NEW YORK – Ric Ocasek, an iconic figure in the history of American music, died on Sunday in his New York City apartment at the age of 75. According to a report picked up by Lyndsey Parker of Yahoo! Music, Ocasek's cause of death was cardiovascular disease. But the story still came as such a shock because of how no one knew that Ocasek was ill.
Ocasek was continuing to build on his esteemed legacy with new songs. He was also adding paintings, poems, and books to his artistic output. Just last year, Ocasek embarked on a national tour that showcased his artwork.
Of course, Ocasek will always be best remembered for his role in founding the iconic back band, The Cars. In addition to being the lead singer of The Cars, Ocasek was also a songwriter and guitar player for the group, which made a massive impact on the music industry by bridging the gap between punk rock and new wave music. Their songs never pandered to either genre and they instead harmoniously blended to bring both auras of tune to commercial and critical success, as well as frequent radio airtime.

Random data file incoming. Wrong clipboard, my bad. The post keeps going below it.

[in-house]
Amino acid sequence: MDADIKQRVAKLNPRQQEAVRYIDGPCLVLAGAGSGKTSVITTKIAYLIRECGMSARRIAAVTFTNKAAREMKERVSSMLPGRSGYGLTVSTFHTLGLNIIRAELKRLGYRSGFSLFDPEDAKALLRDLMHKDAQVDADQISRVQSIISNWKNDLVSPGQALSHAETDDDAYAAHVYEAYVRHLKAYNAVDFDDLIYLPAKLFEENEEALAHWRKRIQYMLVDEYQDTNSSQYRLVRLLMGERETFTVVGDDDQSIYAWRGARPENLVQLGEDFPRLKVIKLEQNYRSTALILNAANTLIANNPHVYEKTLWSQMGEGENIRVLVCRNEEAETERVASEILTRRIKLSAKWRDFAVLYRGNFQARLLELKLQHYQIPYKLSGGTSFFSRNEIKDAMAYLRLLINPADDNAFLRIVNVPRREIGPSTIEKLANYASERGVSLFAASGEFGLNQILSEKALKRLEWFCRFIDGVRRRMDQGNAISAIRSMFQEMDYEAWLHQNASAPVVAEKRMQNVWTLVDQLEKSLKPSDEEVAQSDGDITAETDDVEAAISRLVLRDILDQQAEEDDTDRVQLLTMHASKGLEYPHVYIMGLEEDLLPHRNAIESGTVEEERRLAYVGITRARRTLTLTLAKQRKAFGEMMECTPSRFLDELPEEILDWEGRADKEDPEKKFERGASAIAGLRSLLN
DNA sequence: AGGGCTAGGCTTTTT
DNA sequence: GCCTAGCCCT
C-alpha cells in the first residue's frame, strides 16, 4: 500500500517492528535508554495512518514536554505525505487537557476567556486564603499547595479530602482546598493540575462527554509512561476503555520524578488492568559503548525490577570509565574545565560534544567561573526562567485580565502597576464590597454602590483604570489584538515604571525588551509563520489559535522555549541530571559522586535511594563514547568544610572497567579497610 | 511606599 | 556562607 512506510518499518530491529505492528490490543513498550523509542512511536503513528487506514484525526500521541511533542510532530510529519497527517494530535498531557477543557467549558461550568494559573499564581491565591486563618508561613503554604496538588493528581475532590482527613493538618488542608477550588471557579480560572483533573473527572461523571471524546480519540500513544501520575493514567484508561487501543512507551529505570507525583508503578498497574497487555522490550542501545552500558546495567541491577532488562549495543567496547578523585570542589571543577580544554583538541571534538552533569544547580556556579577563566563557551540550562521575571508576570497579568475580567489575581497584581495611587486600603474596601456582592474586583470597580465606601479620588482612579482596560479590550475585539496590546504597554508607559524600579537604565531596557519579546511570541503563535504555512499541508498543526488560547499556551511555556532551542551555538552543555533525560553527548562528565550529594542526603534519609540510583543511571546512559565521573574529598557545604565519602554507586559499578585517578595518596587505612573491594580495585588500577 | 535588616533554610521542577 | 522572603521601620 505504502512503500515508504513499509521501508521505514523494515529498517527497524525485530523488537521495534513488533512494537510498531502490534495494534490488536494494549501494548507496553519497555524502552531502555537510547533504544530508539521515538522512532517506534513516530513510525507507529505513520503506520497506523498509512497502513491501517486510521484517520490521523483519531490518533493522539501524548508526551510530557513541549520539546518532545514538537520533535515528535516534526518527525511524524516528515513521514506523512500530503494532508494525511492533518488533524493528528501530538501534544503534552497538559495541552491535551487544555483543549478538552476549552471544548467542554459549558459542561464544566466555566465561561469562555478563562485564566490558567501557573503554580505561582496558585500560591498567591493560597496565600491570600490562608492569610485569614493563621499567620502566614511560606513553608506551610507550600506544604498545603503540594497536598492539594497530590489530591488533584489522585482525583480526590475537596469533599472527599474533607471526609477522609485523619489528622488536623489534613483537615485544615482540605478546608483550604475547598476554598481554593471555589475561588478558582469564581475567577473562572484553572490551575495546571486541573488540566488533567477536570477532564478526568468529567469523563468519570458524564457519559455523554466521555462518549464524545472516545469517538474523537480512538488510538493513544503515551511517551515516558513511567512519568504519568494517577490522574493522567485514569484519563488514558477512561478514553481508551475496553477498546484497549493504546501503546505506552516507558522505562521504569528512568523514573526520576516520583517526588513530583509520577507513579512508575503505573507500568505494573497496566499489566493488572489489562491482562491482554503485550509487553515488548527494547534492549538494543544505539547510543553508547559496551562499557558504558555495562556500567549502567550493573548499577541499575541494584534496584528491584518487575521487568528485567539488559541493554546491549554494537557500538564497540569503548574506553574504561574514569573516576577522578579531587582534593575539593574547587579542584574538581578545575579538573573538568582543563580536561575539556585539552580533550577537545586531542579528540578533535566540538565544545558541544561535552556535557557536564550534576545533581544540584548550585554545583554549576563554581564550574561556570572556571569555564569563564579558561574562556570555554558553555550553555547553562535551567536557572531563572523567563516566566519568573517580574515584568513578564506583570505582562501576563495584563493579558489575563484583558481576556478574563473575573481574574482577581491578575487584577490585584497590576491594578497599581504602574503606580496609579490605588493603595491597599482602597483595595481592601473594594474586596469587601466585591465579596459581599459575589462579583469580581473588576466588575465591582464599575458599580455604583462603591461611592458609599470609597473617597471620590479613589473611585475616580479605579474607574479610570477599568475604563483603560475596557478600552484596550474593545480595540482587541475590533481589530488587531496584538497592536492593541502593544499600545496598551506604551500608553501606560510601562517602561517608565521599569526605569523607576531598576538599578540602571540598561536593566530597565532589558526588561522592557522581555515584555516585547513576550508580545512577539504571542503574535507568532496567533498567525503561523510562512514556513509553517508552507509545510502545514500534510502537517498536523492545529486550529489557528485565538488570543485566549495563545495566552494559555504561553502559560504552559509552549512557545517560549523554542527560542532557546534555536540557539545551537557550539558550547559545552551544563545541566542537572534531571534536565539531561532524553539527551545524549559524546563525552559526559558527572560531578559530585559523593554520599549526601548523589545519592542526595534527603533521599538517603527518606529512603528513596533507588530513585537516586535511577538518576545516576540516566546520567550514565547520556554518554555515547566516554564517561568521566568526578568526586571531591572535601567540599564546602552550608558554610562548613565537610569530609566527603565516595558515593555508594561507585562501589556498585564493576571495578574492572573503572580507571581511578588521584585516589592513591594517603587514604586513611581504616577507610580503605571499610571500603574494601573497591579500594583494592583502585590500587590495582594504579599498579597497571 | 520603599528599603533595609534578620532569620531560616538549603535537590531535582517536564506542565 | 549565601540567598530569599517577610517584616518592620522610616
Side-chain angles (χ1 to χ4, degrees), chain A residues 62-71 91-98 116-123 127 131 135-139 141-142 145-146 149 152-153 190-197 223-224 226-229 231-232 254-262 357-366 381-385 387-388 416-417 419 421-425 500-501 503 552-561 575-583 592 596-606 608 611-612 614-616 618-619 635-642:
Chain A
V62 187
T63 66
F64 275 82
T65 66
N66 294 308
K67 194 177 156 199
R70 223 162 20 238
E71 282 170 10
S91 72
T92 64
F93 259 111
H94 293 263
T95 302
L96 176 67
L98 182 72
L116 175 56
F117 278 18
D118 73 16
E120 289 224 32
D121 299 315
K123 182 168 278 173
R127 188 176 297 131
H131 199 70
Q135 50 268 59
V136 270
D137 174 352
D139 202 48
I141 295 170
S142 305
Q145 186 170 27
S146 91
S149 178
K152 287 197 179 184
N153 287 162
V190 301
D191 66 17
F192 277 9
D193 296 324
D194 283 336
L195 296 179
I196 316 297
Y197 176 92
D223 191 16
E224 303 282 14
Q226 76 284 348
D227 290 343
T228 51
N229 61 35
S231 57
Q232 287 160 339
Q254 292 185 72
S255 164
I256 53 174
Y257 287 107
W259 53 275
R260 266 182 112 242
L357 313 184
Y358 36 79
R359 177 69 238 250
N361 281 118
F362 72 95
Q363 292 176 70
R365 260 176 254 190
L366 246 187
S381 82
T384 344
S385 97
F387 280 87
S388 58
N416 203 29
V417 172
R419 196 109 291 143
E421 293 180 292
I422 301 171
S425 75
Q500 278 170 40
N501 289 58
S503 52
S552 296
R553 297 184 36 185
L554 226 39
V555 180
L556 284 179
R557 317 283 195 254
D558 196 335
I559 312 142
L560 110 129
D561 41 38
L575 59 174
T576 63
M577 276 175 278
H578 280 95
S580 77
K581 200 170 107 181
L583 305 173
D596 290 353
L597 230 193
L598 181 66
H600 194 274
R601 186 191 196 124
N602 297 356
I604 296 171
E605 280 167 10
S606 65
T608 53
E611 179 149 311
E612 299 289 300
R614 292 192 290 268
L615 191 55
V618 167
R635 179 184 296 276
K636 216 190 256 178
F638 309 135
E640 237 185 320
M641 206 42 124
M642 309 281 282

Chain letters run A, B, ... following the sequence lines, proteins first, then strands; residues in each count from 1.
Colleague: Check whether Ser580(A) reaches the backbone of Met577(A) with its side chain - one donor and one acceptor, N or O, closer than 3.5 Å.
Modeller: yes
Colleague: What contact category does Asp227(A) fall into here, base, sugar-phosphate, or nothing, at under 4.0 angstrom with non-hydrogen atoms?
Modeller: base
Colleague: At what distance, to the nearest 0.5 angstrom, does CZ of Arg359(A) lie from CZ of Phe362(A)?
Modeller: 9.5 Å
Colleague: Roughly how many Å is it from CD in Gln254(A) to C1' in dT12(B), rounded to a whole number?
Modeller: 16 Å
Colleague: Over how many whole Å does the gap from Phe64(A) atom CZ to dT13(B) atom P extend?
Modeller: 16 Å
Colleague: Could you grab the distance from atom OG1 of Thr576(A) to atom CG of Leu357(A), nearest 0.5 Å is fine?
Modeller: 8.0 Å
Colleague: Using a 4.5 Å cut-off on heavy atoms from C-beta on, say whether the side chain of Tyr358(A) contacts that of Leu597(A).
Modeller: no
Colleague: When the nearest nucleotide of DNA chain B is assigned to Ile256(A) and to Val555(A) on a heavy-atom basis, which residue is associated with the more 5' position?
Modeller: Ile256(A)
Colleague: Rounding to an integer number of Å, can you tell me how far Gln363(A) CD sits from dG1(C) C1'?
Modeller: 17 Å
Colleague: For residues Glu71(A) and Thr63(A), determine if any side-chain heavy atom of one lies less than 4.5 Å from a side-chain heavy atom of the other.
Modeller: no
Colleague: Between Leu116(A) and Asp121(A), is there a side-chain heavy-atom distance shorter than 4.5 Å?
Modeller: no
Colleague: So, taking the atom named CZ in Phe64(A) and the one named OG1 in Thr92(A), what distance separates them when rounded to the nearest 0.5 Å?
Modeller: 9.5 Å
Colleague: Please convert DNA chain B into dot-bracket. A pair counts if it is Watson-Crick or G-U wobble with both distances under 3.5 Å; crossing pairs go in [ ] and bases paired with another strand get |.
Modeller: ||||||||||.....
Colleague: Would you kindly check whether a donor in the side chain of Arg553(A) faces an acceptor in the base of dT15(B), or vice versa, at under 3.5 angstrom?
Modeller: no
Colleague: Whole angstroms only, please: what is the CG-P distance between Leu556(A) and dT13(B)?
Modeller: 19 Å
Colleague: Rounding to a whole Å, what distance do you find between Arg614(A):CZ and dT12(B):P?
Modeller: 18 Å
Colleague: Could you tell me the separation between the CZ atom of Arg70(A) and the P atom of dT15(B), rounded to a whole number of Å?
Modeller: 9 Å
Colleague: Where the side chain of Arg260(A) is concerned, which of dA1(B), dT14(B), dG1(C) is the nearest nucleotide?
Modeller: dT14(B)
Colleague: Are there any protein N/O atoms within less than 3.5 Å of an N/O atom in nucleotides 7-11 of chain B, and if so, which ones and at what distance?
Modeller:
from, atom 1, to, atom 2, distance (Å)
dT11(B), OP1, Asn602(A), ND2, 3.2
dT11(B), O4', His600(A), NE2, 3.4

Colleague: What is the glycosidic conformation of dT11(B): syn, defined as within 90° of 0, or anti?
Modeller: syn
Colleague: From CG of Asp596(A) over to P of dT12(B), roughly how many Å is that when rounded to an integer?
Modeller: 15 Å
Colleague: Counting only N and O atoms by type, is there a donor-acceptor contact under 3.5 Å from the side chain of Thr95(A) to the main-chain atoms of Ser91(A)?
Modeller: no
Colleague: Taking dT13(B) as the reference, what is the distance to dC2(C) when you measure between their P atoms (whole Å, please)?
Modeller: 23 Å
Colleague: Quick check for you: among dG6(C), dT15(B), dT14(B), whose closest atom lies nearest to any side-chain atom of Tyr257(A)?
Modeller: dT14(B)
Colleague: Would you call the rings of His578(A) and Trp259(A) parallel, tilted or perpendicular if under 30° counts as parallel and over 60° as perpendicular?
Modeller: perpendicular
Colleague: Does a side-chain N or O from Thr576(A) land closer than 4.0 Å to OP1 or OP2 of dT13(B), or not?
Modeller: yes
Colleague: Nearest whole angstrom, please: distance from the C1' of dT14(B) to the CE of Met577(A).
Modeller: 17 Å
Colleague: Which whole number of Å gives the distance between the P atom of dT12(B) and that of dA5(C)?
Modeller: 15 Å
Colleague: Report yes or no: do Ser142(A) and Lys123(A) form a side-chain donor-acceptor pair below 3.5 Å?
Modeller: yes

Ocasek met a bass guitar played named Benjamin Orr while living in Cleveland, Ohio, but the two eventually moved to Boston, Massachusetts during the 1970s to further develop the band they were forming. In Boston, they also met future members of The Cars, including Greg Hawkes and David Robinson. Officially becoming The Cars in 1976, the group, led by Ocasek, was finally ready to shake off the bands that were non-starters in Boston in the years prior to that.
Throughout his career, Ocasek recorded seven solo albums and seven albums with The Cars, the most recent of the latter coming in 2011. The Cars were an iconic band that received an induction into the Rock and Roll Hall of Fame in 2018, on the heels of many of their most famous songs, including "My Best Friend's Girl," "Drive," "You Might Think," and "Just What I Needed."
Between Eddie Money's passing on September 13, and Ocasek's death over the weekend, it has been a sad time for music.